Greek goddess of wisdom. Daughter of Okeanos and Tethys. The first wife of Zeus whom he swallowed when he discovered that she was pregnant, fearing that she might give birth to a son mightier than he. Subsequently, Athena sprang fully armed from the head of Zeus. Metis is thus given as the mother of Athena, although some sources consider that, given the circumstances, she was the daughter of Zeus alone.


One of the three Greek judges of the underworld, along with Rhadamanthys and Sarpedon. He was originally a king of Crete. His cult involved the worship of bulls or of Minos in the form of a bull.


Boeotian Muse of memory. The other Boeotian Muses were Aoide (Aeode) and Melete.


Greek goddess of memory. According to Hesiod, mother of the nine Muses by Zeus. One of the Titans. Daughter of Ouranos (heaven) and Gaia (earth).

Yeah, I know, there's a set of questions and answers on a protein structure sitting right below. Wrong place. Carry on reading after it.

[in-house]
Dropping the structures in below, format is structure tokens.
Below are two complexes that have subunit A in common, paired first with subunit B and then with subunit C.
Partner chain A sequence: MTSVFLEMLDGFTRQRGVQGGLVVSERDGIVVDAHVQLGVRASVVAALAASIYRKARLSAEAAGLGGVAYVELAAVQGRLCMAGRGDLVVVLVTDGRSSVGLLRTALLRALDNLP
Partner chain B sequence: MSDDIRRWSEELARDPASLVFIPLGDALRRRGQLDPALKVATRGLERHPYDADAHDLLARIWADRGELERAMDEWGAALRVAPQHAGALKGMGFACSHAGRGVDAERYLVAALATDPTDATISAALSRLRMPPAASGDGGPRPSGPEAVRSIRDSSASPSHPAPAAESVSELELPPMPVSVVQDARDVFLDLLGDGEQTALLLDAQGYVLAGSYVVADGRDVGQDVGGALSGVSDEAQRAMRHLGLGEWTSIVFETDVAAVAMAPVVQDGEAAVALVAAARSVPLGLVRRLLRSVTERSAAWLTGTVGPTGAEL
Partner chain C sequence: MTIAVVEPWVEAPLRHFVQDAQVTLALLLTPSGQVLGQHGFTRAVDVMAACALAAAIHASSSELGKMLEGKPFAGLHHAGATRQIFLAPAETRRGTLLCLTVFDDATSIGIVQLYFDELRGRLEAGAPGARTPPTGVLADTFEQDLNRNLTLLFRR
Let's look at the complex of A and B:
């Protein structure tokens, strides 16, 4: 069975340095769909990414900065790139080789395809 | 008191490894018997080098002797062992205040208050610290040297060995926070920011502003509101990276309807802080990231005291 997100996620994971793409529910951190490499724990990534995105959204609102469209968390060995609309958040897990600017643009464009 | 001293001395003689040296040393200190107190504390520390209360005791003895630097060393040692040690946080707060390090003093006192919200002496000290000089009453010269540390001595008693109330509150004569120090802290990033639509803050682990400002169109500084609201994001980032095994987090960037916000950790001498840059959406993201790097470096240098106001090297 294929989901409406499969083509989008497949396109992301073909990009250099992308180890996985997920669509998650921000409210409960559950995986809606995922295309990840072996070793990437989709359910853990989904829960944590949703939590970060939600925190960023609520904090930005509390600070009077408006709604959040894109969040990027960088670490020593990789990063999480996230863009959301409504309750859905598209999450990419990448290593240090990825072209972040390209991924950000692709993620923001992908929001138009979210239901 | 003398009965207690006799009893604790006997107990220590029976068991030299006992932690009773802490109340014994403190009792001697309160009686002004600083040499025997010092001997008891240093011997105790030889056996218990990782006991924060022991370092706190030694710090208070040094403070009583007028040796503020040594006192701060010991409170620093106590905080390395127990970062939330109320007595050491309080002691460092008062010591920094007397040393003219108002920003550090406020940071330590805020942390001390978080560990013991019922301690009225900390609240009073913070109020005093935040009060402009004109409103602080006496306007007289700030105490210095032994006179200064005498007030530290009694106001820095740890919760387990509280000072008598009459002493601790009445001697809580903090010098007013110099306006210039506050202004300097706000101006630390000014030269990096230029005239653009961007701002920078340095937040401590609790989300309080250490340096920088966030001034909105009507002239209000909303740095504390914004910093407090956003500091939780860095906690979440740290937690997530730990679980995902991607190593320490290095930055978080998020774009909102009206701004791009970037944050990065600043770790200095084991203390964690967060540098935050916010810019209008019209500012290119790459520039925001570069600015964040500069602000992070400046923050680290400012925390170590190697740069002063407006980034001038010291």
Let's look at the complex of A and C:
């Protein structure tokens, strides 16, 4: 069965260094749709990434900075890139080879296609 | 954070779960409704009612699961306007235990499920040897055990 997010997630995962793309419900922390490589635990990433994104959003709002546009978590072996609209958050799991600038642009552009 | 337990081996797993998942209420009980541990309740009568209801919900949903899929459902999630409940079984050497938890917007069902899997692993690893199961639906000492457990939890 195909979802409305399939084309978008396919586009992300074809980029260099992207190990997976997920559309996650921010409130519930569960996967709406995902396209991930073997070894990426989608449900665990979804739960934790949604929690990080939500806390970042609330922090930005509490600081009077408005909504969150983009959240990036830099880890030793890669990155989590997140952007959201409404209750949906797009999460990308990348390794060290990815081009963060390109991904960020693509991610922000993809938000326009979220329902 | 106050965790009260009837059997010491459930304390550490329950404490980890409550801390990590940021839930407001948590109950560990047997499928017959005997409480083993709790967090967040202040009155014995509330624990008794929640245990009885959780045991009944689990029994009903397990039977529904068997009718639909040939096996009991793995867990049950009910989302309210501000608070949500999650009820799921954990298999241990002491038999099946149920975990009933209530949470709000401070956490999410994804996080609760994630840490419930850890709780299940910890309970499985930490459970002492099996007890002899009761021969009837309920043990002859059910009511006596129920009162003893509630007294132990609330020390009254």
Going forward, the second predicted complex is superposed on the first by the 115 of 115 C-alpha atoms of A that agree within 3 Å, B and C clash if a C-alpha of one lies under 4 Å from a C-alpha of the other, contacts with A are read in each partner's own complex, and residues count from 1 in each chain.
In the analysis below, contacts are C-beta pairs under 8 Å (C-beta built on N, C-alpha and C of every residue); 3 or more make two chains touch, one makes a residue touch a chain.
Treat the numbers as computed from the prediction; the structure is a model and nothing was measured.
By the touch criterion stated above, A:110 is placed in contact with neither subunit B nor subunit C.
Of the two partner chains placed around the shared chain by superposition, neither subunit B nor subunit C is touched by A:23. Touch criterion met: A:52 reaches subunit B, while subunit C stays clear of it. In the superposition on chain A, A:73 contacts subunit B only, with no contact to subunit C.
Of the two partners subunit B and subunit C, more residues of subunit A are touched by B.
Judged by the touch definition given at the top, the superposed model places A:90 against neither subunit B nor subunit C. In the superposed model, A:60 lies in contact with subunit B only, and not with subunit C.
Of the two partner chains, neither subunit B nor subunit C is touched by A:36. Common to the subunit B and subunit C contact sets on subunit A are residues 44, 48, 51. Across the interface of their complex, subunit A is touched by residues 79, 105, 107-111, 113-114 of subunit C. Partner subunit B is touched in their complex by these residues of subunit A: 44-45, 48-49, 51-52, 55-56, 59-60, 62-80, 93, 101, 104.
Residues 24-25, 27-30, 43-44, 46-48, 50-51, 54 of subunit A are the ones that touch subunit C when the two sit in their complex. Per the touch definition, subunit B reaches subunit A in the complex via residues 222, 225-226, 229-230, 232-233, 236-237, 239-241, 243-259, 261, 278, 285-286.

Greek divine personification of fate, to whom even the gods were subject.


(Moires, Moirae)

The Greek Fates. According to Hesiod, the daughters of Zeus and Themis. They were Atropos (the unbending, or the inevitable), Clotho (the spinner), and Lachesis (the caster of lots). As determiners of fate, they had supremacy even over the gods. Clotho spun out the thread of life, Lachesis determined its length, and Atropos cut it, resulting in death. The Romans called them the Parcae.



Greek personification of blame, censure. According to Hesiod, the son of Erebos and Nyx. A god of fault-finding and criticism, he was eventually banished from Olympus for mocking the other gods.


Greek god of destiny.


Greek god of dreams. Son of Hypnos, the god of sleep. His name derives from the Greek morphe (form, shape), and he is responsible for shaping dreams, or giving shape to the beings which inhabit dreams.


(Mousai, Moisai, Musae)